The 1.35 billion Catholics around the world make up around 18% of the earth’s population. They are served by 5,377 bishops and 414,000 priests. The future of the Church lies in the seminaries, where some 116,000 young men are currently training for the priesthood. You are supporting one in every eight of them.
Many of them are studying and praying in Africa. Even in the apostolic vicariate of Mongo in Chad, where Christians make up just 1% of the population of 3.5 million, and Muslims 95%, there are six seminarians – Matthieu, Apollinaire, Jean-Baptiste, Emmanuel, Louis and Gregoire-Marie. “They know the country and the life in the villages. They will take the Gospel message into
people’s lives”, says Mongo’s vicar general. His vicariate is the size of France, its six parishes enormous, the road networks utterly inadequate. The long years of drought have resulted in sparse harvests, while the coronavirus pandemic has meant extra expense. Butthe seminarians’training must go on, above all in this region where native-born priests are so urgently needed.
We are giving €3,000 to help plug the holes in the seminary budget. In the Democratic Republic of the Congo, the needs of the diocese of Inongo are even greater. Its 57 seminarians face very similar problems – widespread poverty, vast distances, added expense from the pandemic. But here too theirlove for Christis undiminished. For Joel Nzenza, one of the 57, it was his first glimpse of a soutane that did it. “It was the first time I had seen a priest. His soutane was a radiant white.” Joel was just 10 atthe time. “He came into our village and spoke so passionately about Jesus that I thought the Saviour had come among us”, he recalls. He knows now of course that “It was because the priest is speaking to us in the place of Jesus.”He wants to do the same thing. “My formation is helping me to understand the mystery of the priesthood and to live according to the Heart of Jesus”, he says.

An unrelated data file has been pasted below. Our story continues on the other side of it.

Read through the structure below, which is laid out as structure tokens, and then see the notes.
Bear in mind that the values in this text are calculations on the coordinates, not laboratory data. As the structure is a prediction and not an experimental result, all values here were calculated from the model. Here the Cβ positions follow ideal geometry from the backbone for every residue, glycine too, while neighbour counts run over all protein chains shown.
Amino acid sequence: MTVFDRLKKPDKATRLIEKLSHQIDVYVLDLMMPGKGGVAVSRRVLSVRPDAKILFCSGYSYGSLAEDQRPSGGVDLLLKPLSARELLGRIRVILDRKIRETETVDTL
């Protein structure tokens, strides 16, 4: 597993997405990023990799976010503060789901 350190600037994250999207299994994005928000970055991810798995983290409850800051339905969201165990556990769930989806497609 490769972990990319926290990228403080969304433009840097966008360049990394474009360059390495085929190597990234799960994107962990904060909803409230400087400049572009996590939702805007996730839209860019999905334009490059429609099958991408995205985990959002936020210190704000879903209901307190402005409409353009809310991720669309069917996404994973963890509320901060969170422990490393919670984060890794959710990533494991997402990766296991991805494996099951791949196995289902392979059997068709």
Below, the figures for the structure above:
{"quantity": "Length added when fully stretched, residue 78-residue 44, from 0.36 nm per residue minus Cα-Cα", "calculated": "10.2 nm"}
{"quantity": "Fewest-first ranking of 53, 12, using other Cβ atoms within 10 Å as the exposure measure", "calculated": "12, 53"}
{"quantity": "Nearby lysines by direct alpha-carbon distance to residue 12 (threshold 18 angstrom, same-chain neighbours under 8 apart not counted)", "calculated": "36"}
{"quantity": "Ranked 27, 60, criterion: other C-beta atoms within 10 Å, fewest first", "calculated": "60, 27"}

Again, it was the example of a priest that inspired Ferdinand Ikela to recognise his vocation. He was just eight years old, and the manner in which the priest lived and worked made a deep impression on him. It was his own parish priest. “I wanted to understand how one could live that way; I wanted to become like him.” Ferdinand asked his father what he must do to become a priest. His answer, “You must be baptised, go to school, go to Mass every day and then talk to the priest, who will tell you what else you have to do.” Ferdinand asked, attended catechism classes, was baptised and entered the minor seminary. Then he was forced to abandon it, since he couldn’t afford to continue. But his father, a teacher but by now out of work, sold his last possessions in order to enable him to continue as far as the major seminary.
Now it is the turn of Bishop Donatien Bafuidinsoni of Inongo diocese to come begging on behalf of Ferdinand and the other seminarians, and he’s knocking on our door as well. We are helping him and his 57 seminarians this year with €28,500. For as Pope Francis has said, “No vocation is born of itself or lives for itself. A vocation flows from the heart of God and blossoms in the good soil of faithful people, in the experience of fraternal love.”